Carmoi T, Safiullah S, Nicand E. Risk of enterically transmitted hepatitis a, hepatitis E, and plasmodium falciparum malaria in Afghanistan. Clin Infect Dis. 2009;48(12):1800.
Turky AM, Akram W, Al-Naaimi AS, Omer AR, Al-Rawi JR. Analysis of acute viral hepatitis (a and E) in Iraq. Global J Health Sci. 2011;3(1):70.
Assin K, Awad R, Tebi A, Queder A, Laaser U. The epidemiology of hepatitis a infection in Palestine: a universal vaccination programme is not yet needed. Epidemiol Infect. 2001;127(2):335–9.
Hesamizadeh K, Sharafi H, Keyvani H, Alavian SM, Shabankareh AN-T, Olyaie RS, Keshvari M. Hepatitis A virus and hepatitis E virus seroprevalence among blood donors in Tehran, Iran. Hepat Mon. 2016;16(1):e32215.
Farshadpour F, Taherkhani R, Makvandi M. Prevalence of hepatitis E virus among adults in south-west of Iran. Hepat Res Treat. 2015;2015:759589.
Wang M, Fu P, Yin Y, He M, Liu Y. Acute, recent and past HEV infection among voluntary blood donors in China: a systematic review and meta-analysis. PLoS One. 2016;11(9):e0161089.
Merat S, Rezvan H, Nouraie M, Jamali J, Assari S, Abolghasemi H, Radmard AR, Zaer-Rezaii H, Zeid-Abadi-Nejhad M, Hosseini MR, et al. The prevalence of hepatitis B surface antigen and anti-hepatitis B core antibody in Iran: a population-based study. Arch Iran Med. 2009;12(3):225–31.
Fathimoghaddam F, Hedayati-Moghaddam MR, Bidkhori HR, Ahmadi S, Sima HR. The prevalence of hepatitis B antigen-positivity in the general population of Mashhad, Iran. Hepat Mon. 2011;11(5):346–50.
Amini S, Mahmoodi MF, Andalibi S, Solati AA. Seroepidemiology of hepatitis B, delta and human immunodeficiency virus infections in Hamadan province, Iran: a population based study. J Trop Med Hyg. 1993;96(5):277–87.
Keyvani H, Sohrabi M, Zamani F, Poustchi H, Ashrafi H, Saeedian F, Mooadi M, Motamed N, Ajdarkosh H, Khonsari M. A population based study on hepatitis B virus in northern Iran, Amol. Hepat Mon. 2014;14(8):e20540.
Doosti A, Amini-Bavil-Olyaee S, Tajbakhsh E, Adeli A, Mahboudi F. Prevalence of viral hepatitis and molecular analysis of HBV among voluntary blood donors in West Iran. New Microbiol. 2009;32(2):193–8.
Salehi M, Alavian S, Tabatabaei S, Izadi S, Moghaddam ES, Kafi-Abad SA, Gharehbaghian A, Khosravi S, Abolghasemi H. Seroepidemiology of HBV infection in south-east of Iran; a population based study. Iran Red Crescent Med J. 2012;14(5):283–8.
Haghshenas MR, Arabi M, Mousavi T. Hepatitis B genotypes in Iran. Mater Soc. 2014;26(2):129–33.
Sayad B, Shamseddin-Saeed F, Keyvani H, Rezaii M, Asadi T, Vaziri S, Janbakhsh AR, Mansouri F, Afsharian M, Laghaii Z. Seroepidemiology of hepatitis C in Kermanshah (west of Iran, 2006). Hepat Mon. 2008;8(2):141–6.
Farshadpour F, Makvandi M, Samarbafzadeh A, Jalalifar MA. Determination of hepatitis C virus genotypes among blood donors in Ahvaz, Iran. Indian J Med Microbiol. 2010;28(1):54–6.
Khedmat H, Alavian SM, Miri SM, Amini M, Abolghasemi H, Hajibeigi B, Alaeddini F, Fallahian F. Trends in seroprevalence of hepatitis B, hepatitis C, HIV, and syphilis infections in Iranian blood donors from 2003 to 2005. Hepat Mon. 2009;9(1):24–8.
Fattahi MR, Safarpour A, Sepehrimanesh M, Hosseini Asl SM, Mohamaddoust F. The prevalence of hepatitis C virus infection and its related risk factors among the rural population of Fars province, southern Iran. Hepat Mon. 2015;15(2):e24734.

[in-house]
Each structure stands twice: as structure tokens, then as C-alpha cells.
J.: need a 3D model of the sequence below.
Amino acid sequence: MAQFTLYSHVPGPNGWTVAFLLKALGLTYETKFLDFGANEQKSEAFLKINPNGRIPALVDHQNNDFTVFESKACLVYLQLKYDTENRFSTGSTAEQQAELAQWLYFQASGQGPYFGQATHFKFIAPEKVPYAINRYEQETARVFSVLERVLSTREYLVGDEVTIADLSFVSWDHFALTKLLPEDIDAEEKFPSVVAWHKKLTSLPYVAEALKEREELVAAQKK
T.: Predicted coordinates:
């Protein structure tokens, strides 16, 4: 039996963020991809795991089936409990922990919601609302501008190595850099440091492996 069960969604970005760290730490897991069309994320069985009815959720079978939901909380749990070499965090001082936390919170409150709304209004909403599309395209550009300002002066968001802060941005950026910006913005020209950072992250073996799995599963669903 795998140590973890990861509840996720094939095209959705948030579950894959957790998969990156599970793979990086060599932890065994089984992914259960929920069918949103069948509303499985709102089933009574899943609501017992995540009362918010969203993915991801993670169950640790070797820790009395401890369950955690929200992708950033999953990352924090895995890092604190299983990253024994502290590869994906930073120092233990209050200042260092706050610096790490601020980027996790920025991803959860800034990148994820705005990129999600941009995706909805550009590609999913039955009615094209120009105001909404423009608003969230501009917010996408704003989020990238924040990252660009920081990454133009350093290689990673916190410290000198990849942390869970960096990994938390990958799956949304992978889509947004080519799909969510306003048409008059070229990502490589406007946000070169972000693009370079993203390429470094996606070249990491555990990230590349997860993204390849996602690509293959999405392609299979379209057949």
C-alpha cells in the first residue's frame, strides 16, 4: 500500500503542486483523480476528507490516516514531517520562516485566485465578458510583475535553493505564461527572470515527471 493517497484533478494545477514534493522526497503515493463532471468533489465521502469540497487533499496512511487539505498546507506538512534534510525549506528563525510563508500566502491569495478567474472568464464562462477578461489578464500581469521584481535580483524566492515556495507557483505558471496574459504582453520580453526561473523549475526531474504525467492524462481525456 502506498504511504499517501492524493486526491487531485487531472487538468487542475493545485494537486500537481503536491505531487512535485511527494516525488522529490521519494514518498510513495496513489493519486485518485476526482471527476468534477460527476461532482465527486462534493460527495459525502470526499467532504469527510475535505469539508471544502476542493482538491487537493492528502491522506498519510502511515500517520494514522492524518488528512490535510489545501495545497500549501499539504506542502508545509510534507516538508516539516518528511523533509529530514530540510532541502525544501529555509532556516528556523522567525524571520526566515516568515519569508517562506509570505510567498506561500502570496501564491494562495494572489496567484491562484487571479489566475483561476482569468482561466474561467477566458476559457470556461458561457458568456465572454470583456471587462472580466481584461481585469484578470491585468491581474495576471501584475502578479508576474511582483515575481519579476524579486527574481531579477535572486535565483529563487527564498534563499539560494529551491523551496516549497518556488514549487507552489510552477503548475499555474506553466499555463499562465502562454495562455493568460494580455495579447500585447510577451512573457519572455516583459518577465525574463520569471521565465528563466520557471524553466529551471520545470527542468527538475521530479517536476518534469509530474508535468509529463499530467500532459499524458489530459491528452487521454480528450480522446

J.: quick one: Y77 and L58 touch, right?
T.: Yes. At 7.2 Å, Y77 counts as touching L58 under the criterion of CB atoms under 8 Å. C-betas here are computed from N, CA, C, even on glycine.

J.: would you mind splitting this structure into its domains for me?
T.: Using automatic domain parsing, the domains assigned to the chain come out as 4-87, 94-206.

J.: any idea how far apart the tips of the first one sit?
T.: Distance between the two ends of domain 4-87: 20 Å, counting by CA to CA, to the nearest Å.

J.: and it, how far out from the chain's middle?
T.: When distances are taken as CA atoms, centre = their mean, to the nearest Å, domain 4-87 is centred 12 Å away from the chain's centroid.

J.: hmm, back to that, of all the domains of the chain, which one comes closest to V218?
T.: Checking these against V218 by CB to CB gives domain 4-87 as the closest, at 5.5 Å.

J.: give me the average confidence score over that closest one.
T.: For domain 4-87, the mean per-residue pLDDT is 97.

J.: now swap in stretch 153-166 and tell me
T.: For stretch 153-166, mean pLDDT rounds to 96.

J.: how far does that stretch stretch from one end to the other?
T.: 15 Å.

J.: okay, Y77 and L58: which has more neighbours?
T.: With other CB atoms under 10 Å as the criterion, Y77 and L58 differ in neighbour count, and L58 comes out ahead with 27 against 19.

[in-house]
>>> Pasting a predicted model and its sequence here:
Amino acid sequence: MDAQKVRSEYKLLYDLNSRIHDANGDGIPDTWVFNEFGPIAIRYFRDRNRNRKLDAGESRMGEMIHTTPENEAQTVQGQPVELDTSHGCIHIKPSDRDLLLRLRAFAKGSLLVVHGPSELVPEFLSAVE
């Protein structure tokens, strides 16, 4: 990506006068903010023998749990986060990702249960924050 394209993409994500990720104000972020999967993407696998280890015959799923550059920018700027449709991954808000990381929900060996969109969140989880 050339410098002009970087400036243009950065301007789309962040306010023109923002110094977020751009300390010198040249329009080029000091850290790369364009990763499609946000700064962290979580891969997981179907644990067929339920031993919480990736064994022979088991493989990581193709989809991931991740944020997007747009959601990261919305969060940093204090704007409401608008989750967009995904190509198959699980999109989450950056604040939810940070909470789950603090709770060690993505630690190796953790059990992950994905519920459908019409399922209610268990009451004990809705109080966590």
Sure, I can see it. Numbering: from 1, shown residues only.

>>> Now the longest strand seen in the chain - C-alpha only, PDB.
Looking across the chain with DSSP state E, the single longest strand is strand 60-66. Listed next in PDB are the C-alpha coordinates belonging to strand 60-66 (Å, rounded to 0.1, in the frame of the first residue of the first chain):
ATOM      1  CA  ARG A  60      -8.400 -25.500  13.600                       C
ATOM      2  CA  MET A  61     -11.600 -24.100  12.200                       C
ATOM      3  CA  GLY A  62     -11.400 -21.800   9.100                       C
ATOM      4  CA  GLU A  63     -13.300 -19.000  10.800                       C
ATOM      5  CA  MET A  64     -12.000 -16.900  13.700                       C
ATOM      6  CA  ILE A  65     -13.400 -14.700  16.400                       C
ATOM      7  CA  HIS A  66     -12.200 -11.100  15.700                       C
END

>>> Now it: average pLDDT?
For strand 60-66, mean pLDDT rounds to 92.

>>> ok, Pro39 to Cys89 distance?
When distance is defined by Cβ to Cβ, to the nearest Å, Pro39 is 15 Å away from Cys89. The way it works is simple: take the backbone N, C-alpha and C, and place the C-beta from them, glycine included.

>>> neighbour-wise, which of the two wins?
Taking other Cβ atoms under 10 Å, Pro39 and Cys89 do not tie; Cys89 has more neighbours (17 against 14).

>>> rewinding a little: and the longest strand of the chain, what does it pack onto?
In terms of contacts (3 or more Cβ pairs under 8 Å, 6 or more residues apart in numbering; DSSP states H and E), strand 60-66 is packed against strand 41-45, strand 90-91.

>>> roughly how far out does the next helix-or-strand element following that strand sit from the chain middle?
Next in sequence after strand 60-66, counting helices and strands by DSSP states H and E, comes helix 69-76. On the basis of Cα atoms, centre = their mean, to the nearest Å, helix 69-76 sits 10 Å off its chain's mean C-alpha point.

Qureshi H, Bile K, Jooma R, Alam S, Afrid H. Prevalence of hepatitis B and C viral infections in Pakistan: findings of a national survey appealing for effective prevention and control measures. East Mediterr Health J. 2010;16(Suppl):S15–23.
Mohamoud YA, Mumtaz GR, Riome S, Miller D, Abu-Raddad LJ. The epidemiology of hepatitis C virus in Egypt: a systematic review and data synthesis. BMC Infect Dis. 2013;13(1):288.
Çeldir M, Kara I, Coşkuner S, Keskin B, Küçüker M, Orer H, Ergönül O. Hepatitis C prevalence in Turkey: estimation through meta-analysis. Eur J Pub Health. 2014;24:cku163.032.
World Health Organization. The growing threats of hepatitis B and C in the Eastern Mediterranean region: a call for action. 2012; Technical Paper EM/RC56/3.
Pol S, Haour G, Fontaine H, Dorival C, Petrov-Sanchez V, Bourliere M, Capeau J, Carrieri P, Larrey D, Larsen C, et al. The negative impact of HBV/HCV coinfection on cirrhosis and its consequences. Aliment Pharmacol Ther. 2017;46(11–12):1054–60.
Senturk H, Tahan V, Canbakan B, Uraz S, Ulger Y, Ozaras R, Tabak F, Mert A, Ozbay G. Chronic hepatitis C responds poorly to combination therapy in chronic hepatis B carriers. Neth J Med. 2008;66(5):191–5.
Amar N, Dalton HR, Abravanel F, Izopet J. Hepatitis E virus infection. Clin Microbiol Rev. 2014;27(1):116–38.
Lin JB, Lin DB, Chen SC, Chen PS, Chen WK. Seroepidemiology of hepatitis a, B, C, and E viruses infection among preschool children in Taiwan. J Med Virol. 2006;78(1):18–23.
Moon S, Han JH, Bae G-R, Cho E, Kim B. Hepatitis a in Korea from 2011 to 2013: current epidemiologic status and regional distribution. J Korean Med Sci. 2016;31(1):67–72.
Bassal R, Weil M, Cohen D, Sofer D, Mendelson E, Shohat T. Seroprevalence of hepatitis a twelve years after the implementation of toddlers’ vaccination: a population-based study in Israel. Pediatr Infect Dis I. 2017;36(10):e248–51.
Murphy TV. Progress toward eliminating hepatitis a disease in the United States. MMWR Suppl. 2016;65(1):29–41.
We thank the devoted clinical staff of Hormozgan Health Center for their enthusiasm during this project.
This study was supported by the Clinical Microbiology Research Center, Shiraz University of Medical Sciences, Shiraz-Iran. The funding body had no role in the study design, collection, analysis, interpretation of data, and in writing the manuscript.
Ethics approval and consent to participate
The study protocol was approved by the ethics committee of the Clinical Microbiology Research Center, Shiraz University of Medical Sciences (no. 2016/950306, dated 26/05/2016). The committee waived the need for written informed consent from the study participants for collection of leftover sera.
Consent for publication
The authors declare that they have no competing interests.
Springer Nature remains neutral with regard to jurisdictional claims in published maps and institutional affiliations.
About this article
Cite this article
Behzadi, M.A., Leyva-Grado, V.H., Namayandeh, M. et al. Seroprevalence of viral hepatitis A, B, C, D and E viruses in the Hormozgan province southern Iran. BMC Infect Dis 19, 1027 (2019). https://doi.org/10.1186/s12879-019-4661-4
- Viral hepatitis
- General population
- Cross-sectional study
- Southern Iran